With the launch of the Cayenne Hybrid, some say the world has officially turned upside down and that Porsche is turning into a green car company. Now, the launch of a Panamera hybrid model at the upcoming Geneva Motor Show has brought louder cries that Porsche is forgetting its roots. To remind all its fans (and possibly its critics too) of true Porsche heritage, Porsche has built a replica of what it says is the world’s first hybrid: the 111-year-old Semper Vivus that was designed by Ferdinand Porsche himself.
In 1900 the world wasn’t quite as concerned with global warming or depleting our petroleum resources. Back then, hybrid technology was seen as a way of making vehicles simpler by eliminating the transmission and driveshaft (or chains that were common at the time). Little did the young engineer working for Lohner Cars know how far forward thinking he was.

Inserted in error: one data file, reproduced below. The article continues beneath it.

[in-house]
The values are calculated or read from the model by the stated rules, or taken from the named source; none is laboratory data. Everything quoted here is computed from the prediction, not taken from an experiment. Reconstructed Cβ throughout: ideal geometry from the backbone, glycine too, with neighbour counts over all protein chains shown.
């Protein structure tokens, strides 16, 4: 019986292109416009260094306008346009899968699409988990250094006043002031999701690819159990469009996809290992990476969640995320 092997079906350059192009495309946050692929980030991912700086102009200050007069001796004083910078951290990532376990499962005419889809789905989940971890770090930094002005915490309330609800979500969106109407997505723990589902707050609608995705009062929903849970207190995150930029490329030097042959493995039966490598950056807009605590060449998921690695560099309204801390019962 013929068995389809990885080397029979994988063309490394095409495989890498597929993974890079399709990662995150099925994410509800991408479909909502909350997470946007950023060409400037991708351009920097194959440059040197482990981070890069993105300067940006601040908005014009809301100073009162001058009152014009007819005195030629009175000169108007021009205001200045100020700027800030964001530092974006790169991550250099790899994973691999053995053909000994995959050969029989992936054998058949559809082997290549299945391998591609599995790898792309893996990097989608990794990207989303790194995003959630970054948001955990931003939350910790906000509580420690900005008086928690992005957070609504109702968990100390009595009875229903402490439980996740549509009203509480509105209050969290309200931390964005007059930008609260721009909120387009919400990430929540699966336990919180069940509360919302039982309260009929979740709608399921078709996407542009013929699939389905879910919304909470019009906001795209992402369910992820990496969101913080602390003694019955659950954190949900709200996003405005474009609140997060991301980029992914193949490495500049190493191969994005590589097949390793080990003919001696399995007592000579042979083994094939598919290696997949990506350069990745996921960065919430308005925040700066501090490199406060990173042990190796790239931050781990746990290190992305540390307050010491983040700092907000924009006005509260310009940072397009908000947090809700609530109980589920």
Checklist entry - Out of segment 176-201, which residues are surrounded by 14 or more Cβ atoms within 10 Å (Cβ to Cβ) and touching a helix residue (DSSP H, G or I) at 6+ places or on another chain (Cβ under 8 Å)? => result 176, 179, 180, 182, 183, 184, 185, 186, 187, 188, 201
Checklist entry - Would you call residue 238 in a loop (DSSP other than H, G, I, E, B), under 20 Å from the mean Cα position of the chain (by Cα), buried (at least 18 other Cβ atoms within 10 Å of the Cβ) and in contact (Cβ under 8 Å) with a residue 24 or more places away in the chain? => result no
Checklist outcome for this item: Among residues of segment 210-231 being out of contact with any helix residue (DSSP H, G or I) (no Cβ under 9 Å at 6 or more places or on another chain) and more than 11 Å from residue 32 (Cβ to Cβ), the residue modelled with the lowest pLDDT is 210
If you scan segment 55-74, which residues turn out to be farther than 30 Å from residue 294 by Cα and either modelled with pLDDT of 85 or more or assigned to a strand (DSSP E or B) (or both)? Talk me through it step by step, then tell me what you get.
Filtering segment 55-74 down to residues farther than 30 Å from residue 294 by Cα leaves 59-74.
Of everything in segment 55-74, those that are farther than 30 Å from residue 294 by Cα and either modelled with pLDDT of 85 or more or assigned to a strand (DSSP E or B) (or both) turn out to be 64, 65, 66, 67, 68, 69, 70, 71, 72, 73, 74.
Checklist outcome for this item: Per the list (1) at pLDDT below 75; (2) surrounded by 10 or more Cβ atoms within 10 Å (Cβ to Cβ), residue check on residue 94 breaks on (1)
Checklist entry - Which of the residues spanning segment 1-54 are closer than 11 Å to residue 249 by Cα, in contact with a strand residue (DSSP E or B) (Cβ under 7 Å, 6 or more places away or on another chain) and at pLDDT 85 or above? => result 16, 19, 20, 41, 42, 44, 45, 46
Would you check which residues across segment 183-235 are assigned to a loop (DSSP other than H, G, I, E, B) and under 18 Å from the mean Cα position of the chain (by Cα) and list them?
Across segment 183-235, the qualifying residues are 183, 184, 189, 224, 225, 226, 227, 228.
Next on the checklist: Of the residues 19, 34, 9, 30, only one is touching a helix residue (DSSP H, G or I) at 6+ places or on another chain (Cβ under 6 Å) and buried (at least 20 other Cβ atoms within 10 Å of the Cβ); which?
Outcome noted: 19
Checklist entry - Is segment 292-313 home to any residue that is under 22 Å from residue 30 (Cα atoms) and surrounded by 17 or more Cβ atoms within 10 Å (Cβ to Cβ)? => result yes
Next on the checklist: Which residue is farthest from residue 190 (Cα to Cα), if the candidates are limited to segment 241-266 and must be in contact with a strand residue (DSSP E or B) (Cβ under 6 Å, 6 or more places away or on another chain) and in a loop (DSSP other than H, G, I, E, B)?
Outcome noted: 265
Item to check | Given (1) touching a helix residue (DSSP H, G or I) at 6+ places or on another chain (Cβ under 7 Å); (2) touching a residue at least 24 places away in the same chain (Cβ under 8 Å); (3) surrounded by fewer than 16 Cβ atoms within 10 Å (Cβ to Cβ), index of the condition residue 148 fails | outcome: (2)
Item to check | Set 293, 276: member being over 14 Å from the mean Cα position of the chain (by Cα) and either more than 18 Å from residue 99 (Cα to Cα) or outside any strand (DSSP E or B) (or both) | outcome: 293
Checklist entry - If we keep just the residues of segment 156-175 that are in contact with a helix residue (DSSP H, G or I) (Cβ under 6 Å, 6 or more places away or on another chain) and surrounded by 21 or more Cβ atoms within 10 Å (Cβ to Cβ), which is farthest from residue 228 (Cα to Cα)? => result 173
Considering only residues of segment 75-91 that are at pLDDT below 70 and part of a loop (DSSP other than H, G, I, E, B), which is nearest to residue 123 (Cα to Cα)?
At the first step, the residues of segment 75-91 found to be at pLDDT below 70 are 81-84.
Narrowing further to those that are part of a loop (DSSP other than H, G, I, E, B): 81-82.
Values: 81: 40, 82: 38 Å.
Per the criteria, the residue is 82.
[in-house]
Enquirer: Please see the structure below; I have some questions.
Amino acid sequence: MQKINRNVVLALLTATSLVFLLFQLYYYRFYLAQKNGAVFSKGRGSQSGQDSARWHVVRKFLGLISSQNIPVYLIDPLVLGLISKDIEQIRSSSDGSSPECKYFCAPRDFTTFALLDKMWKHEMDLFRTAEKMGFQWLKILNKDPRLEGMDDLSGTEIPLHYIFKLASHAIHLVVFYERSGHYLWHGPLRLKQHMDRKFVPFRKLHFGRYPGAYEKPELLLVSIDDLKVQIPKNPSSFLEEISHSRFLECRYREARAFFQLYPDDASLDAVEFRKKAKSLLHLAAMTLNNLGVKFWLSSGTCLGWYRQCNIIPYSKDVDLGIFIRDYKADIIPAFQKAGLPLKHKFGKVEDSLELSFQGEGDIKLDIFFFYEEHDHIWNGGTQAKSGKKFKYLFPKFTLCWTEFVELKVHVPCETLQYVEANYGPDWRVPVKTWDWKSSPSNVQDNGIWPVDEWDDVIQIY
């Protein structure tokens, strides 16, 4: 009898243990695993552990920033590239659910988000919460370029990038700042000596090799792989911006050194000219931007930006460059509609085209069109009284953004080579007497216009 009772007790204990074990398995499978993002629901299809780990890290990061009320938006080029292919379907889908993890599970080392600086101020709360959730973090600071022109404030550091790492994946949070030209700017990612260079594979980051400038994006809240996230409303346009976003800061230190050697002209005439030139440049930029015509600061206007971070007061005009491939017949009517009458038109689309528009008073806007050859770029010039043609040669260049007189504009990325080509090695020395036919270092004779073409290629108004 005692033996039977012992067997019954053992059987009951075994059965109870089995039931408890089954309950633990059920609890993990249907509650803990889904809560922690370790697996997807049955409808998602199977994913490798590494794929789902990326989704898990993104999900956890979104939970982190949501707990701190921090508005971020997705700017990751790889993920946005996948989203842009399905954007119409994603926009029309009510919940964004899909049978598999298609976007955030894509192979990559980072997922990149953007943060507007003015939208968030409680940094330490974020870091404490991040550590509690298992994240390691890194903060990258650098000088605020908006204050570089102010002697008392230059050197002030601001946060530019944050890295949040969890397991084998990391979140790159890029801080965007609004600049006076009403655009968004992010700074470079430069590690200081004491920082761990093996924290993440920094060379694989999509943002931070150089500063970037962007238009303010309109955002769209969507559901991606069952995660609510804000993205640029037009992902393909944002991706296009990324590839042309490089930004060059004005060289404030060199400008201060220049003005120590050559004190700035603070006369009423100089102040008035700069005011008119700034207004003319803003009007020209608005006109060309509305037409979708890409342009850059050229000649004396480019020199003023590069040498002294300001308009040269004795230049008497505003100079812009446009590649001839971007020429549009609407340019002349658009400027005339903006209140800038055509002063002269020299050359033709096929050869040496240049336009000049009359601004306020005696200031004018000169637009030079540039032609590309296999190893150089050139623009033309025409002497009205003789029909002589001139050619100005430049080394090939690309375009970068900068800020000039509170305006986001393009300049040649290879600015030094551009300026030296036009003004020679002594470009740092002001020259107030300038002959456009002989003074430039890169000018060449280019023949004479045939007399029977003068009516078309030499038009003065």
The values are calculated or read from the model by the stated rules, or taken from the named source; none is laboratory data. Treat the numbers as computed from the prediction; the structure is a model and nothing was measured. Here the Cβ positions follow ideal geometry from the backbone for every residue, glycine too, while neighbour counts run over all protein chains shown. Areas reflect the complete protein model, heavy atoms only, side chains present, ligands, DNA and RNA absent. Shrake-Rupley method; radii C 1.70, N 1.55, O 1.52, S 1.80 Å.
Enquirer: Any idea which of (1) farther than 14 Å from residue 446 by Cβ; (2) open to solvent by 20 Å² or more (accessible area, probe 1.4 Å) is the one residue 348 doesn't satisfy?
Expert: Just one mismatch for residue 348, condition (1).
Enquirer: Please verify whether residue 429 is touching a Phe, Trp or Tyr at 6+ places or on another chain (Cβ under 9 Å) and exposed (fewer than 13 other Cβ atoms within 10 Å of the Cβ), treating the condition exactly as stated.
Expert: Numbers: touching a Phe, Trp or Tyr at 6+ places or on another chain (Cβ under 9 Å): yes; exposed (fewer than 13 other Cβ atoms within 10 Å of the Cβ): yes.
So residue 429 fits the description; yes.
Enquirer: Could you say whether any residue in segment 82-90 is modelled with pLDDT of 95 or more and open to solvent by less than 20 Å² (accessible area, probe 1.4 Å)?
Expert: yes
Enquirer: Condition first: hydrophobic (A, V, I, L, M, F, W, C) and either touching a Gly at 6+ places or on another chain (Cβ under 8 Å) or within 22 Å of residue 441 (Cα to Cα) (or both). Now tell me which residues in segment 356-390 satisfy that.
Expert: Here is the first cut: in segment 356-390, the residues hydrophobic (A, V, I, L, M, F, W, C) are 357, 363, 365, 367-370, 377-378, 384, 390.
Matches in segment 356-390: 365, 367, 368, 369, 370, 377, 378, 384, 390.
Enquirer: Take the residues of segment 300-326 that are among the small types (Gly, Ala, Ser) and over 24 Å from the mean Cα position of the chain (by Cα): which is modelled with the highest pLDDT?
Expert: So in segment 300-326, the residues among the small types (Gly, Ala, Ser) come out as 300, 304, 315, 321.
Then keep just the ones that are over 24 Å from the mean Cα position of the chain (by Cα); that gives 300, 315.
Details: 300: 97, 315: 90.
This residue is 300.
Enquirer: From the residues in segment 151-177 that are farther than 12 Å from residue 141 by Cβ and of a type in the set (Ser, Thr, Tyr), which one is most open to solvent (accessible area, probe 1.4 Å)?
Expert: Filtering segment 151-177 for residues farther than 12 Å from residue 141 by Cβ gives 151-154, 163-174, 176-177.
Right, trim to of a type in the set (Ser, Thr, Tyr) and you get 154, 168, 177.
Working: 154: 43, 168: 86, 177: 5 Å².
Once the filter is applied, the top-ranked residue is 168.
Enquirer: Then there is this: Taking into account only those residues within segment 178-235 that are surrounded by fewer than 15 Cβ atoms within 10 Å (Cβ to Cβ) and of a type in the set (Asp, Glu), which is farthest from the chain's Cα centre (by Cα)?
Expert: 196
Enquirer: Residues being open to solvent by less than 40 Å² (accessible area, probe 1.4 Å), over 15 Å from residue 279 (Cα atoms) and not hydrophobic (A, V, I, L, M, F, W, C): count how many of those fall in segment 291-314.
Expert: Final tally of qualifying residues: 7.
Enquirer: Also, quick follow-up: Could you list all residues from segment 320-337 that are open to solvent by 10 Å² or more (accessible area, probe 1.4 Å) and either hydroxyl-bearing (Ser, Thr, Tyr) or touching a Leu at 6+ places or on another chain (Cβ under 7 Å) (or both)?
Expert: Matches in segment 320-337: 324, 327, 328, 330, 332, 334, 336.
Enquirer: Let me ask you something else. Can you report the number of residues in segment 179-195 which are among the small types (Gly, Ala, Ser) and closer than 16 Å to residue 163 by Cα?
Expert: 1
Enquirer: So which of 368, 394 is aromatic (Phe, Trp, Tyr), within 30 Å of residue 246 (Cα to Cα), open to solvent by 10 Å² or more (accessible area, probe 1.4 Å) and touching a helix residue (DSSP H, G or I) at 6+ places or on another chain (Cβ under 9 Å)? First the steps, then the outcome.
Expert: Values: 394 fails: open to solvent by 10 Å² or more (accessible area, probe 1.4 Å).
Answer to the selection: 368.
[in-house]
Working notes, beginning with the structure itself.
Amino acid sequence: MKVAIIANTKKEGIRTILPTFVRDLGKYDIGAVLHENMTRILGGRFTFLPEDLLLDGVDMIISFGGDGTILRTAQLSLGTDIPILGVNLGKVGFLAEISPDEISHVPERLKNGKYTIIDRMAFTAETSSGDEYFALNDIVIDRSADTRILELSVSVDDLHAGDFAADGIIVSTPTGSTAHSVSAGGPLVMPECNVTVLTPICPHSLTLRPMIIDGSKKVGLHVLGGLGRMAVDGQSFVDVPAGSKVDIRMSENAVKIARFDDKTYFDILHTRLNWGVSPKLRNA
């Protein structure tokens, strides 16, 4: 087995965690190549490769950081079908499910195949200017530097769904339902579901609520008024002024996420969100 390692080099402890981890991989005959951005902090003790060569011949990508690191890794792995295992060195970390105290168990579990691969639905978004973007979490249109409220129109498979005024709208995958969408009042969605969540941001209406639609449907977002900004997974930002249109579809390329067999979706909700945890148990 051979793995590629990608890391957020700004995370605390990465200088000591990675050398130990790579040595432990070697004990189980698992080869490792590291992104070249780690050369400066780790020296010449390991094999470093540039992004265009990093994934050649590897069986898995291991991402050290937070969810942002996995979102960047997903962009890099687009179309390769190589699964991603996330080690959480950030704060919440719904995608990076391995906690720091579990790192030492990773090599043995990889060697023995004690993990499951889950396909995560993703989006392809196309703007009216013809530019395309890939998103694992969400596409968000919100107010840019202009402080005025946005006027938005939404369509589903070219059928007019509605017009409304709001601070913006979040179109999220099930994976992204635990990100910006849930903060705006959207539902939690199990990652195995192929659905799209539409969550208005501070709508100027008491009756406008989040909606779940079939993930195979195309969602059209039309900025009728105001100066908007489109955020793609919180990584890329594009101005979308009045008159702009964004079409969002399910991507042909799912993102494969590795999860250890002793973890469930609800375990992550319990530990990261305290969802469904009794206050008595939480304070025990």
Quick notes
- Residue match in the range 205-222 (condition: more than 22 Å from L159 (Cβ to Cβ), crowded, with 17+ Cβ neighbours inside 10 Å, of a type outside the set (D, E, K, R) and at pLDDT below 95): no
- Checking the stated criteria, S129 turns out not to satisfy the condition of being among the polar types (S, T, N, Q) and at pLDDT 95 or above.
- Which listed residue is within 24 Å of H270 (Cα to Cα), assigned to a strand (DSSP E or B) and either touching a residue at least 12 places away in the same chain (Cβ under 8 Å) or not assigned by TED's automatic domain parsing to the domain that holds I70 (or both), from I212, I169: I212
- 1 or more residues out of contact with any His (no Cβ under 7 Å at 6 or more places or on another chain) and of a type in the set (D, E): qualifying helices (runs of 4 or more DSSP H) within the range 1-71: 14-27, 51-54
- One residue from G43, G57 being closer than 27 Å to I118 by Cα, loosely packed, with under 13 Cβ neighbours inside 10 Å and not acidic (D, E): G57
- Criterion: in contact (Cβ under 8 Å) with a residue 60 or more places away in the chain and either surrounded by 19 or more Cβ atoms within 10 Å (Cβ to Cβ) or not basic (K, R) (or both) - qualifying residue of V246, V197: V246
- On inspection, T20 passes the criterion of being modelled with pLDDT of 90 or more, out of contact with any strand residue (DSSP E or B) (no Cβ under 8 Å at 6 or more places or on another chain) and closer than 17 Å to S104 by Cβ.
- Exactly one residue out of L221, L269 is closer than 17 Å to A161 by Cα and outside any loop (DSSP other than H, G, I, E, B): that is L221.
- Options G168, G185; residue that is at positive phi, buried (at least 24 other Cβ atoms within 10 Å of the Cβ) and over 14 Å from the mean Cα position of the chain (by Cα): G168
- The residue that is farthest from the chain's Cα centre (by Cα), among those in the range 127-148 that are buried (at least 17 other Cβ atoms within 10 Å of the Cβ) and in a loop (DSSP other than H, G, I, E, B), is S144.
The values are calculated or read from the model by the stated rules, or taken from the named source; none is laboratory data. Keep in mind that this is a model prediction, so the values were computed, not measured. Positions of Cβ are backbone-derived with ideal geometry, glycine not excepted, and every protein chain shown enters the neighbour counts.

The Semper Vivus, known in 1900 as a “Mixte” instead of a hybrid, used a gas engine that spun a dynamo which fed electricity to accumulators. The accumulators stored the power which was then used to power two electric motors built into the front wheel hubs. Over 300 Lohner-Porsches were built with the patent eventually being sold off.
The replica will be displayed first at the 2011 Geneva Auto Show alongside the Panamera and Cayenne hybrids and after the show will be on display in Porsche’s Museum in Stuttgart. No performance data is currently available, our estimates are 0-60 mph in just under never with a top speed somewhere right around a brisk jog into a head wind.